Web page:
Immigrants without Social Security numbers are not eligible for stimulus checks
CLAIM: “Illegal aliens” will receive a $1,400 stimulus check through the COVID-19 relief bill.
AP’S ASSESSMENT: Partly false. The vast majority of immigrants without lawful status in the U.S. do not have Social Security numbers and cannot receive a $1,400 stimulus check. A small number of people who entered the U.S. on a temporary work visa and were issued Social Security numbers may be able to receive a payment, even if they overstayed their visas.
THE FACTS: On Wednesday, President Joe Biden and Democrats claimed victory as Congress approved a sweeping $1.9 trillion COVID-19 relief bill, which would provide many Americans with a direct $1,400 payment based on income.
Several misleading claims swirled online as to who would receive the payment. One Facebook post stated: “Illegal aliens will receive $1400 stimulus checks.”
But in fact, the COVID-19 relief package excludes most immigrants in the country without legal permission, as did the two previous packages that passed under the Trump administration.
The relief package’s text states that “any nonresident alien individual” is not eligible for a stimulus check. Both relief packages passed during the Trump administration used the same language. According to the Internal Revenue Service, a nonresident alien is “an alien who has not passed the green card test” or “the substantial presence test,” which refers to the portion of the year someone is physically present in the country. But whether someone will receive a stimulus check really comes down to whether they have a Social Security number.
“For the most part, no unauthorized immigrants will receive the $1,400 stimulus payments,” said Julia Gelatt, a senior policy analyst at the Migration Policy Institute in an email to The Associated Press. “In order to receive a payment, someone must have a valid Social Security number issued by the Social Security Administration.”
According to a recent estimate by the Center for Migration Studies, a think tank focused on international migration, there were 10.35 million immigrants living in the country without legal status in 2019. Most of them do not have Social Security numbers.
However, there are some people who entered the U.S. on valid temporary work visas who received a Social Security number while on that visa. Those who overstayed their visas may qualify for a stimulus check, but experts say the number of people in this category is small.
“We don’t know how many unauthorized immigrants overstayed a temporary work visa that grants access to a Social Security number, but again, it’s likely to be a pretty small number,” Gelatt said. “And we will still have to see if the IRS really issues payments to people with a Social Security number that is no longer authorized for work.”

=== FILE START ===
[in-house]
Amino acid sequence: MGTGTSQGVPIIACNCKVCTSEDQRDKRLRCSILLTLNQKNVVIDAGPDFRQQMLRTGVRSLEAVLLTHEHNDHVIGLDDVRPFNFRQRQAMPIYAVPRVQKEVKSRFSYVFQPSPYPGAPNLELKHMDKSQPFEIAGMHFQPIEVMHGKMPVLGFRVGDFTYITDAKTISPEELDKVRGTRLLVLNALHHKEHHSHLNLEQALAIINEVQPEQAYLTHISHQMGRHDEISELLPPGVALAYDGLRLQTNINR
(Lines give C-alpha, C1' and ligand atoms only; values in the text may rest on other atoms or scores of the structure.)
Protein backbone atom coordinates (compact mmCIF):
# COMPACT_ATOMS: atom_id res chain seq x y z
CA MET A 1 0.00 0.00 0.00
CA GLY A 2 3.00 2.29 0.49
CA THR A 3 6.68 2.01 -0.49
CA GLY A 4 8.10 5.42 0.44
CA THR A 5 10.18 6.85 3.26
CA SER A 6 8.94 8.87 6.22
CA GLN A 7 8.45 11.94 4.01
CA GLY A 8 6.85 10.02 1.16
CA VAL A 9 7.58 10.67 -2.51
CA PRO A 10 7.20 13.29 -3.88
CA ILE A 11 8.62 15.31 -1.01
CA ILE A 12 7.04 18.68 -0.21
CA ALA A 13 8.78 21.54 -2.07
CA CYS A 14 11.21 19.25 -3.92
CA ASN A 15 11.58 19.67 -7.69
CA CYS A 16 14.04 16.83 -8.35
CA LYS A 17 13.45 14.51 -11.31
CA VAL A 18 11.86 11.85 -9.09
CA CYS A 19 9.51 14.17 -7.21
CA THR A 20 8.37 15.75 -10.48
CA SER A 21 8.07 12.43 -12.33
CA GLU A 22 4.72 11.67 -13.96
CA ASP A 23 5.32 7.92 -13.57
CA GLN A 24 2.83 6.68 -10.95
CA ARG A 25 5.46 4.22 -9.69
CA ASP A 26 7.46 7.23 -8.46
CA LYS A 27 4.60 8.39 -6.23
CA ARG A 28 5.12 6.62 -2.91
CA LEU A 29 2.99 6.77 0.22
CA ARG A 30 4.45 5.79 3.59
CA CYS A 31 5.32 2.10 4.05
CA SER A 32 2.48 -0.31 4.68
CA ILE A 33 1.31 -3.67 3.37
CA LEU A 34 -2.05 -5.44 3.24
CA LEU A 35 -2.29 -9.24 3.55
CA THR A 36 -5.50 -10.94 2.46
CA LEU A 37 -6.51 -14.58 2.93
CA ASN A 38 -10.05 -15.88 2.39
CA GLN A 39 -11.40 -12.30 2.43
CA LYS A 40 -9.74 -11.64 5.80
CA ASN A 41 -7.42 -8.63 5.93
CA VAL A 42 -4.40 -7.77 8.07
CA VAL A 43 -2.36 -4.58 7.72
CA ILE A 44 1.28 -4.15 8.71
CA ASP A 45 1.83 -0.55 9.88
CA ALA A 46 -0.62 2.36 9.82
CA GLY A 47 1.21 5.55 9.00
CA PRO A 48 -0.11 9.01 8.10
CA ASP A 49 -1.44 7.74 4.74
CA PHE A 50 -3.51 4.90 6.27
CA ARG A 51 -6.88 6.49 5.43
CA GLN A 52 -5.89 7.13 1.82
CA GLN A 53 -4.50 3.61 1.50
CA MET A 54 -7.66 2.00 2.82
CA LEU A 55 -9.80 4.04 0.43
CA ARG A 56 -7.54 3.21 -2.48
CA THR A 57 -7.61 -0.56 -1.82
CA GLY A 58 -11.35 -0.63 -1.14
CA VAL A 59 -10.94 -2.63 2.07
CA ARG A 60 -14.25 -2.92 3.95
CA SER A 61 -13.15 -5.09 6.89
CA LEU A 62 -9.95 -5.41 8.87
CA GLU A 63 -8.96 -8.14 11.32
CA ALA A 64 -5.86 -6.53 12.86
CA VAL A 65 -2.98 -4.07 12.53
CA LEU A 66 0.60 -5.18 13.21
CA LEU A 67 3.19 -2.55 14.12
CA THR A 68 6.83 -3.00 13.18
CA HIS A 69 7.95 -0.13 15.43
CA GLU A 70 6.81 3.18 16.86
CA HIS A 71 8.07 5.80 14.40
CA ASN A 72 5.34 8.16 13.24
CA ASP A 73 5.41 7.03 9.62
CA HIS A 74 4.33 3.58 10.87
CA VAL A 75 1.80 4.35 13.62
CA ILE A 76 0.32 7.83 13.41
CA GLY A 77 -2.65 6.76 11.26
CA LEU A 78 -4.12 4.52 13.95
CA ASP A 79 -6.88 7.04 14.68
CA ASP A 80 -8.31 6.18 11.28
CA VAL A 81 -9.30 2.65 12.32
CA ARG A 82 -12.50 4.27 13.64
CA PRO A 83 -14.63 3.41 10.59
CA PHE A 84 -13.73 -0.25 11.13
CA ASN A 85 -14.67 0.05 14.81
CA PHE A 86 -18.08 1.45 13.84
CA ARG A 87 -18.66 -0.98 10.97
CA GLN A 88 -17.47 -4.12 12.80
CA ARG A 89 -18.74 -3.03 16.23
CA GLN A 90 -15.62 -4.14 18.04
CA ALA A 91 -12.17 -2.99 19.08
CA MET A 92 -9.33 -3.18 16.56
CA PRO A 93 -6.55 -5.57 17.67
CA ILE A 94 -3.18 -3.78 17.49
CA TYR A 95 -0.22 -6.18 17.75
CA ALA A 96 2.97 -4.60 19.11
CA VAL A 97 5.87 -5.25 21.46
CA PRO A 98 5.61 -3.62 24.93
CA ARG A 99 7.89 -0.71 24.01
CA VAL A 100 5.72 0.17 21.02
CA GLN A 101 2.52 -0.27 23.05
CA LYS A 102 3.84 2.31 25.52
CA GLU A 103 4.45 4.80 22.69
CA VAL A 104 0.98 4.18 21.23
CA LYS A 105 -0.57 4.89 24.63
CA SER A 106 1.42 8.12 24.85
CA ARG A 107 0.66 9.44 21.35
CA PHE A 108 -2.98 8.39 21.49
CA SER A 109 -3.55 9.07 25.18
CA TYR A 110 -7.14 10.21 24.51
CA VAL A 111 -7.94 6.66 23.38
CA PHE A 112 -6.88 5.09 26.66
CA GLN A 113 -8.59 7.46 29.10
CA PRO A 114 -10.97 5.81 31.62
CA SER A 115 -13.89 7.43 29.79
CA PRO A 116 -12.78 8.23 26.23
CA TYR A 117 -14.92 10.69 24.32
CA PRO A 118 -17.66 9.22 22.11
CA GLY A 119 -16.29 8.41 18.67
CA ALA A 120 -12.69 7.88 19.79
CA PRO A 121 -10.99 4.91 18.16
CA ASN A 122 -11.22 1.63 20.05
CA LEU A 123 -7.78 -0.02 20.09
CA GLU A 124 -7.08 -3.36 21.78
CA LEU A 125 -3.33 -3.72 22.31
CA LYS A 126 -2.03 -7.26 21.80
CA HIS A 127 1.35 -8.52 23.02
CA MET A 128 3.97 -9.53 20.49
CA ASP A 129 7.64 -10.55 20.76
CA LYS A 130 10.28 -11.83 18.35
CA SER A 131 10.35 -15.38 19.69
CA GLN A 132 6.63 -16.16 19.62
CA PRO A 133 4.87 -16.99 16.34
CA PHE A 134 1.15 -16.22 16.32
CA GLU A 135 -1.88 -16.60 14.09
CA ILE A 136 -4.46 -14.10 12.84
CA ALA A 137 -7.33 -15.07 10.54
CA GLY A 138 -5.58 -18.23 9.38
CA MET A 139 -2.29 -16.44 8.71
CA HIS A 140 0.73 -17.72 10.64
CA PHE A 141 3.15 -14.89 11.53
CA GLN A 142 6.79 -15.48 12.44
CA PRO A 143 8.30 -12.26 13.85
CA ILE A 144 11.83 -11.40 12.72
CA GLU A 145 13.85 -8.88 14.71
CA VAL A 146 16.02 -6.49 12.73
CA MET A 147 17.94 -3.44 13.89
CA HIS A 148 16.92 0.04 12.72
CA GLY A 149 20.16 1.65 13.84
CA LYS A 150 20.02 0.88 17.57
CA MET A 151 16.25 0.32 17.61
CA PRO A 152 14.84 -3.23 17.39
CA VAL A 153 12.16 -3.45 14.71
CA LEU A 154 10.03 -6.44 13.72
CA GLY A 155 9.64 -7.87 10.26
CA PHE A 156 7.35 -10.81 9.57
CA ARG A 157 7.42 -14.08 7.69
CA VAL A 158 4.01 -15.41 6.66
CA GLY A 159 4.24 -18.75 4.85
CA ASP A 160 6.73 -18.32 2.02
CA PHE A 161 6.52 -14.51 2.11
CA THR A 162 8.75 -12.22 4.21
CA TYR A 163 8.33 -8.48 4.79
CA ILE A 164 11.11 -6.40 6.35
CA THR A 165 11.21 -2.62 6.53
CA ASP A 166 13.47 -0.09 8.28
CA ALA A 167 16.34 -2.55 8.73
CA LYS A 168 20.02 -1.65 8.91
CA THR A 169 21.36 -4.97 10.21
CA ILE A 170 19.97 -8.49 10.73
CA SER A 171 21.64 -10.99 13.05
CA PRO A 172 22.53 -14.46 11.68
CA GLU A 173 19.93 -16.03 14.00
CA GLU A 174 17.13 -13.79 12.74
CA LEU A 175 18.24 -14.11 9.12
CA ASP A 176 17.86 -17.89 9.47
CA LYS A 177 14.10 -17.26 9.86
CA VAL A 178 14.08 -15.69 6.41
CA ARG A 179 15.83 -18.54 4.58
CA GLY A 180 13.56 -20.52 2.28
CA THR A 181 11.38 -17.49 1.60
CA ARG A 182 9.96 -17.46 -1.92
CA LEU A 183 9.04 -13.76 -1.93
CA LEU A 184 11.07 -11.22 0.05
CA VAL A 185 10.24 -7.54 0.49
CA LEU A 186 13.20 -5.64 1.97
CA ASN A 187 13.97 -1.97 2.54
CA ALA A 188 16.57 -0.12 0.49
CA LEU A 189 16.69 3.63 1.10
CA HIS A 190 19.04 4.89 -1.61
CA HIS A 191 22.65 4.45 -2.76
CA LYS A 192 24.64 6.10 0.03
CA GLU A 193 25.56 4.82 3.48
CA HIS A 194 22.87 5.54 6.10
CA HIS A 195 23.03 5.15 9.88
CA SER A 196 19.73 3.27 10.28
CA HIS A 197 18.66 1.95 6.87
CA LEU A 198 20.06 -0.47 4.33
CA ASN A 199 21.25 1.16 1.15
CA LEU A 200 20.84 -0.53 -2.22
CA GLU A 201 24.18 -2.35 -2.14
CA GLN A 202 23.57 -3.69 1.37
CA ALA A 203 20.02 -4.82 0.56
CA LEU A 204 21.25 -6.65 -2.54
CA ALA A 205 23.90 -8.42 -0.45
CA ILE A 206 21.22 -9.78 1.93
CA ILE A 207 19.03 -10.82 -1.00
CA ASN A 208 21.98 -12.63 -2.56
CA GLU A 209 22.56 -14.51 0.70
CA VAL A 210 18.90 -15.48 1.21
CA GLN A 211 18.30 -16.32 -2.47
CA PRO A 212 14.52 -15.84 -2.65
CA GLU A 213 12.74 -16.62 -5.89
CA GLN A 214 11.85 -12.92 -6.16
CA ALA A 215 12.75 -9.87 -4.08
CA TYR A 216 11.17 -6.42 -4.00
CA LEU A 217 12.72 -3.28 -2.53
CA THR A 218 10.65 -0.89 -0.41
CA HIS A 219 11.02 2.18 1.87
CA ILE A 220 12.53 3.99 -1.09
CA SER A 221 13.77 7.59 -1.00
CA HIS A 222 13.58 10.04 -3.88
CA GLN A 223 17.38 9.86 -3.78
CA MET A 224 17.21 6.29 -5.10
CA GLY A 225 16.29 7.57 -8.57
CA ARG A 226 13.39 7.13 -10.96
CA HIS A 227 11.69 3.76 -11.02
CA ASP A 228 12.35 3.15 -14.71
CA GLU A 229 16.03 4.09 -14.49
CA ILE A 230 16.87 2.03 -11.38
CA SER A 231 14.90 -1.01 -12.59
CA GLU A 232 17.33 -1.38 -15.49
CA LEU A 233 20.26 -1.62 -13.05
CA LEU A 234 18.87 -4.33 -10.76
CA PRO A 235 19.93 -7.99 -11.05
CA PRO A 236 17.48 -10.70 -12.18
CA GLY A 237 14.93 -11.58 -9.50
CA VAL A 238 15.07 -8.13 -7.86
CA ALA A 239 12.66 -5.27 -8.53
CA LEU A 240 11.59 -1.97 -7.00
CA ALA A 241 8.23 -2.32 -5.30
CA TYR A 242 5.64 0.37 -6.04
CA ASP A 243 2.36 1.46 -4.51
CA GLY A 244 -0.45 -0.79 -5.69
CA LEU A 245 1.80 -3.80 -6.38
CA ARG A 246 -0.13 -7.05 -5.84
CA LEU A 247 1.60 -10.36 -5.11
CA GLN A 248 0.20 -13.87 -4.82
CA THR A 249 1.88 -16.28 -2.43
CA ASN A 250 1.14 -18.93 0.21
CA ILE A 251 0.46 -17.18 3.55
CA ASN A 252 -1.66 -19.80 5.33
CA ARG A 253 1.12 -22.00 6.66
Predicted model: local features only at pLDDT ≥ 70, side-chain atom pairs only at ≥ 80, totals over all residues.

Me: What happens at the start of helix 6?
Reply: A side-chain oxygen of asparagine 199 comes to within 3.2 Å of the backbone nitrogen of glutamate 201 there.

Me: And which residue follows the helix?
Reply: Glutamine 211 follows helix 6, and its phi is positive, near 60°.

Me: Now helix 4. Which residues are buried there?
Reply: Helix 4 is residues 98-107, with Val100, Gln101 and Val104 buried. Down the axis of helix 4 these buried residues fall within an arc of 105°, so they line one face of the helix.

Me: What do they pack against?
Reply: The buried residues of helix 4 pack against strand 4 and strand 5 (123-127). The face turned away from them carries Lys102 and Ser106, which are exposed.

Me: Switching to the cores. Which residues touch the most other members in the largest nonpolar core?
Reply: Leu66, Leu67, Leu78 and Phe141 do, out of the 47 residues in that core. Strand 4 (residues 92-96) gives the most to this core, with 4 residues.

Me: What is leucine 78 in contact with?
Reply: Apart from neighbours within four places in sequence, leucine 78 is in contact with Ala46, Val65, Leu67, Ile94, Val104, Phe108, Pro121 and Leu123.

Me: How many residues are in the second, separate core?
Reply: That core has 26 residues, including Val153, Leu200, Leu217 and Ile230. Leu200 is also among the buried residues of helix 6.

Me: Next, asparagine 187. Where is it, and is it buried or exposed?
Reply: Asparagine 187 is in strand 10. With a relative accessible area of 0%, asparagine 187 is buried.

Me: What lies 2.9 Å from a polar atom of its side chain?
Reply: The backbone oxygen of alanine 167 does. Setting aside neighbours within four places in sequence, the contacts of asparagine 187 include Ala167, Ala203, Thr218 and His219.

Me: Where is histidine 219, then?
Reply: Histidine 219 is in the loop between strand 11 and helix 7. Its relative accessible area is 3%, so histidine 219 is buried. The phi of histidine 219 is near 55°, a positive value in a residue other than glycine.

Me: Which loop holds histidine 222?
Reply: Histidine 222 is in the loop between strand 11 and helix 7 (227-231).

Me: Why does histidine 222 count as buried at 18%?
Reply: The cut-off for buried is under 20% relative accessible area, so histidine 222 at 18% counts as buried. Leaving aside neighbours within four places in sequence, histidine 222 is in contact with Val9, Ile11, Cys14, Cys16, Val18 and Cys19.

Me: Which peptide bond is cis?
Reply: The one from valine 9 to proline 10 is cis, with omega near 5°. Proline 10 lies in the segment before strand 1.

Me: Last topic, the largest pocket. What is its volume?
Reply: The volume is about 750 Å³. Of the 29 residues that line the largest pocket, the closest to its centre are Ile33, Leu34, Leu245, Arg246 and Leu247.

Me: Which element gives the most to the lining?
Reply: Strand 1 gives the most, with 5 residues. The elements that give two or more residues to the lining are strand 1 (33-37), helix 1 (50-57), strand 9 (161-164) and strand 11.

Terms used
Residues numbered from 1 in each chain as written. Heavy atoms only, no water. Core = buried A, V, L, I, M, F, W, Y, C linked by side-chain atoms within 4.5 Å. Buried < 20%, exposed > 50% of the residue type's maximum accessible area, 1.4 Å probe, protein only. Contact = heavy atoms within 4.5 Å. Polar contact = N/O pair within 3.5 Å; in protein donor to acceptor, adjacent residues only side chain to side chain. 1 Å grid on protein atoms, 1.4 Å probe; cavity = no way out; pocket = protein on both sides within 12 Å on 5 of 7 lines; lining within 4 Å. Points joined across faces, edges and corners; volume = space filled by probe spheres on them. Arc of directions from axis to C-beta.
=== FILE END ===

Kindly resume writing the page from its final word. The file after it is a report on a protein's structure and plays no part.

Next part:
Republican Senator Ted Cruz of Texas offered an amendment to the bill last week, seeking to block people who are not “lawfully present” from receiving a check. Democrats shot down the amendment since it would have prevented mixed-status households from receiving payment.
Gelatt noted that the most recent COVID-19 relief package, unlike prior ones, allows immigrant parents in the country without legal permission to receive a payment for their U.S. citizen children only. Advocates for the bill said Cruz’s amendment would have invalidated that provision.
During the first round of stimulus payments in March 2020, U.S. citizens and permanent residents were denied checks if they filed a joint tax return with a spouse who was not in the country legally and did not have a Social Security number. The second relief package that passed in December 2020 made $600 stimulus checks available to those U.S. citizens and permanent residents in mixed-status families. That legislation still left out over 2 million U.S. citizen children whose parents were both ineligible to receive checks because they were in the country illegally, according to AP reporting.
While social media users falsely suggested stimulus checks would automatically be distributed on a large scale to immigrants in the country illegally, immigrant rights advocates criticized the reality that most in fact cannot receive checks.
Marielena Hincapié, executive director of the National Immigration Law Center, said in a statement that “Congress unconscionably still continues to exclude” these immigrants from receiving stimulus checks, “even as many of these same immigrants are working in essential roles and ensuring that our communities are able to weather this prolonged health crisis.”
This is part of The Associated Press’ ongoing effort to fact-check misinformation that is shared widely online, including work with Facebook to identify and reduce the circulation of false stories on the platform.